Year after year, Rafe Esquith’s fifth-grade students excel. They read passionately, far above their grade level; tackle algebra; and stage Shakespeare so professionally that they often wow the great Shakespearen actor himself, Sir Ian McKellen. Yet Esquith teaches at an L.A. innercity school known as the Jungle, where few of his students speak English at home, and many are from poor or troubled families. What’s his winning recipe? A diet of intensive learning mixed with a lot of kindness and fun. His kids attend class from 6:30 A.M. until well after 4:00 P.M., right through most of their vacations. They take field trips to Europe and Yosemite. They play rock and roll. Mediocrity has no place in their classroom. And the results follow them for life, as they go on to colleges such as Harvard, Princeton, and Stanford.
Possessed by a fierce idealism, Esquith works even harder than his students. As an outspoken maverick of public education (his heroes include Huck Finn and Atticus Finch), he admits to significant mistakes and heated fights with administrators and colleagues. We all—teachers, parents, citizens—have much to learn from his candor and uncompromising vision.
From the Trade Paperback edition.
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|Title of Mystery & Detective eBook: There Are No Shortcuts|
|Release Date: 11-19-2008|
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|Publisher: Knopf Publishing Group|
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There Are No Shortcuts
It's dangerous to think too much about public education. So many things are wrong with it that it's easier simply to go on a search-and-destroy mission and write only about the horror of it all. Those of us who have survived school have plenty of scars. Any person who has taught for more than a few years has met administrators, teachers, parents, and children who, as Mark Twain once remarked, "make a body ashamed of the human race."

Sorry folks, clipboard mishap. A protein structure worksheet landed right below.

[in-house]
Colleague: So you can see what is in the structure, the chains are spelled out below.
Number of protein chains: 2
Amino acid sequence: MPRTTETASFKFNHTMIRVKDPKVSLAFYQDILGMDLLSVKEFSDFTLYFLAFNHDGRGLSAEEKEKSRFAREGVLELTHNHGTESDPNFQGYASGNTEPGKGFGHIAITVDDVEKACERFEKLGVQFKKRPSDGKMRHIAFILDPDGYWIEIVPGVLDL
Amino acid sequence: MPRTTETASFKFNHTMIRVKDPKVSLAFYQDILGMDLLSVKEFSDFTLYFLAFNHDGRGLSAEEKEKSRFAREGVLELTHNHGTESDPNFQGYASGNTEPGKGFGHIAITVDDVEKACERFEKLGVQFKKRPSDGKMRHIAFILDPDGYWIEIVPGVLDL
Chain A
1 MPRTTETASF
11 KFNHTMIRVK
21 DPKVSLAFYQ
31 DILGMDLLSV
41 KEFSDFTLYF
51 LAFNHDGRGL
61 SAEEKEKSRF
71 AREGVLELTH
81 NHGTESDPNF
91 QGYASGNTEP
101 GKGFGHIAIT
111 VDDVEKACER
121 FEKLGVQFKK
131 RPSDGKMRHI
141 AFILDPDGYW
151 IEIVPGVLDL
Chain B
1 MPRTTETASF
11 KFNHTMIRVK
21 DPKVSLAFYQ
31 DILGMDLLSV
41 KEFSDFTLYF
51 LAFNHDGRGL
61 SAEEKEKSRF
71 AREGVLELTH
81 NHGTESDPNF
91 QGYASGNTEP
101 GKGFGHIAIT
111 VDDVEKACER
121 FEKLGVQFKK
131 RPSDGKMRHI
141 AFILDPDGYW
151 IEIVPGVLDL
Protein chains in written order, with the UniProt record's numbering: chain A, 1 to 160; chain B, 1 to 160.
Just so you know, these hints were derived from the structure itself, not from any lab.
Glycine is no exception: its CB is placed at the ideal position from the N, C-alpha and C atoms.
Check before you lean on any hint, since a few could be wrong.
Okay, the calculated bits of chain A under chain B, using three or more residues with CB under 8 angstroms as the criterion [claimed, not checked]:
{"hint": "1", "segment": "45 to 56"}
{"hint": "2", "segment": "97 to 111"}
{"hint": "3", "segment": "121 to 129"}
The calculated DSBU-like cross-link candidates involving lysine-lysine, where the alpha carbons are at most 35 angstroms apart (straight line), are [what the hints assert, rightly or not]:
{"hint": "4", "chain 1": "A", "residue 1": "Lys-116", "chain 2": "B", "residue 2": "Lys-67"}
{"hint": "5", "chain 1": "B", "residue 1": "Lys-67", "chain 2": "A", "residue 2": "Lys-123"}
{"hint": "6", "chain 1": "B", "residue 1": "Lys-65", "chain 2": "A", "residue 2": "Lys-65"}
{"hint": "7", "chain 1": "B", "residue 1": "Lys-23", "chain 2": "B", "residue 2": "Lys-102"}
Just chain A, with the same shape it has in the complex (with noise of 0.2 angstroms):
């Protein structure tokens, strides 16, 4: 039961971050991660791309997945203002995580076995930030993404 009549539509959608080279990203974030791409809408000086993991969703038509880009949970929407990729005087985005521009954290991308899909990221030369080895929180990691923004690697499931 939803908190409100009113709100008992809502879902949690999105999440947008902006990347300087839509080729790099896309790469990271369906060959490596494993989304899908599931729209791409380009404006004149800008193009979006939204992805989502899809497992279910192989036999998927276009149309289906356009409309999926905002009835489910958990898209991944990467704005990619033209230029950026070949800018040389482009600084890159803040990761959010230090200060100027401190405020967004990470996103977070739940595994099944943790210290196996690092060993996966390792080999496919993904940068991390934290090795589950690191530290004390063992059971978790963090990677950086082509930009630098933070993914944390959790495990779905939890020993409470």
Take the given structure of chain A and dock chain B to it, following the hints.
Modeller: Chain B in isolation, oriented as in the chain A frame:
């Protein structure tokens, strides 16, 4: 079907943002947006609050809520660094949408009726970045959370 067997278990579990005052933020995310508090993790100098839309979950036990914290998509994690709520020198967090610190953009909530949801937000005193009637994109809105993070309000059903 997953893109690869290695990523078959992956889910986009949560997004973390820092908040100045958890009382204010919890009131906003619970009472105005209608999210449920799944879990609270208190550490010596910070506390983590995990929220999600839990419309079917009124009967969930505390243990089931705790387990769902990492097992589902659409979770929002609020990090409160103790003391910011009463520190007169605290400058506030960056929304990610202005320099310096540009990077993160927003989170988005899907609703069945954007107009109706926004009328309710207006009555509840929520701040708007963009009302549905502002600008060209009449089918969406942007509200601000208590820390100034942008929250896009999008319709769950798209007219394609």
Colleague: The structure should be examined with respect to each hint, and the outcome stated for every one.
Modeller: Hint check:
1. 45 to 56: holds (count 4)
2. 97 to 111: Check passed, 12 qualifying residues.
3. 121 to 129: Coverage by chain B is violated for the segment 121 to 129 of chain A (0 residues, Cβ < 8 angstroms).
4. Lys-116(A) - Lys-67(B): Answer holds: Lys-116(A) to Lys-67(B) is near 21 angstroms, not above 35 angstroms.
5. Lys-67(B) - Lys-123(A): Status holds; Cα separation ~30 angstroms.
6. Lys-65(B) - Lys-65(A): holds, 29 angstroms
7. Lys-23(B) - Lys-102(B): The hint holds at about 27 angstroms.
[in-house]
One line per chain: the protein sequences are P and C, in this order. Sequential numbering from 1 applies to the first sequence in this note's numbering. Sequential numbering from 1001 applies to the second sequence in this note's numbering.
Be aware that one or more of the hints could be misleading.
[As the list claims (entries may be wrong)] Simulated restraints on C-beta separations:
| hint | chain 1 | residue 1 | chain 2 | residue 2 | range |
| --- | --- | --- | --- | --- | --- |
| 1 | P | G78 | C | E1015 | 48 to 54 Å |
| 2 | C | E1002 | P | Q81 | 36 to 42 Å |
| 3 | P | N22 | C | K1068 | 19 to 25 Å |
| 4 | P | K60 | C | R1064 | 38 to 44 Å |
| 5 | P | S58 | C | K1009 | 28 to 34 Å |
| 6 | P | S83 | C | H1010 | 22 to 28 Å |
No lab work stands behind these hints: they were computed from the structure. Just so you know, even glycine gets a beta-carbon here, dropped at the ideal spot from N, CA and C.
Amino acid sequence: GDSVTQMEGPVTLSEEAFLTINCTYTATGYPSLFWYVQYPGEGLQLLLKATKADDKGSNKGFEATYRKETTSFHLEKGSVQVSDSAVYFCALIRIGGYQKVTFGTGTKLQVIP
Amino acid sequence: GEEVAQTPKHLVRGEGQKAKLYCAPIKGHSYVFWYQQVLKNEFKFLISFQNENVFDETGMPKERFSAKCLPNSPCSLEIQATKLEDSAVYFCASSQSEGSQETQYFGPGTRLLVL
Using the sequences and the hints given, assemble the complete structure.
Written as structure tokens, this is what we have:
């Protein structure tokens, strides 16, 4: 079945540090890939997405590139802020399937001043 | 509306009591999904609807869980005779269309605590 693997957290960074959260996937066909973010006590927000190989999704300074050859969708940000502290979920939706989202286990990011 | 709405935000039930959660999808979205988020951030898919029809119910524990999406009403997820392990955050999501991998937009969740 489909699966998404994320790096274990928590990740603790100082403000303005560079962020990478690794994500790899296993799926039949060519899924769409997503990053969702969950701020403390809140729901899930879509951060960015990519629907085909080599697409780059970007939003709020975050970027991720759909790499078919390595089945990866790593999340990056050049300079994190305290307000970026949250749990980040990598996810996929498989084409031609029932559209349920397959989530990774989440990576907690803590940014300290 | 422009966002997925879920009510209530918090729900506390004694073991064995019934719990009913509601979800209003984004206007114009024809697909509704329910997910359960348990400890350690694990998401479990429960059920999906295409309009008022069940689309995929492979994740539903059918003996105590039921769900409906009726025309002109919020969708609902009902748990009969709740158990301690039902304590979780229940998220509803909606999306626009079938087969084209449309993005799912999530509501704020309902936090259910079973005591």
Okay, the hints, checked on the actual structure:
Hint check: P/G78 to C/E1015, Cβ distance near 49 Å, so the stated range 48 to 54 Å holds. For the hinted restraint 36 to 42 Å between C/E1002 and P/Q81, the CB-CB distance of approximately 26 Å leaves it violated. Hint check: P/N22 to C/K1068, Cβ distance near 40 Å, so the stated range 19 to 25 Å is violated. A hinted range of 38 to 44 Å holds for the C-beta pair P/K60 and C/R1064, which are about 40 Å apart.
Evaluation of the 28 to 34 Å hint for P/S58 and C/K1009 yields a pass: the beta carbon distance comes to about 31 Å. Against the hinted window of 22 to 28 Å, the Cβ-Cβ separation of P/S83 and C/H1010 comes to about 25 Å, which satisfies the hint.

That's not my mission here. More than anything else, this book is meant to be a reminder of what public education can be. But to understand where we might consider going, it becomes painfully necessary to examine some things that we usually try to avoid.
I have one more objective, too: I want to give hope to young teachers who would like to run against the wind but are afraid of the consequences. I am living proof that you can have success as a teacher despite the many forces that are working against you. Like the Founding Fathers, I am a lover of independence, and freethinkers are not fash- ionable in public schools today. Instead, as public schools fail, bureaucrats are attempting to solve serious problems with simplistic solutions. They're afraid to examine the real reasons why our schools are failing, so they use fashion- able words or pretty new textbooks to try and solve the very real problems that are destroying our classrooms. Poverty, greed, and incompetent teaching are just some of the reasons why Johnny not only can't read but has no interest in reading. Using a new reading series or changing the classroom environment isn't going to solve our problems. Most tragic of all, many districts are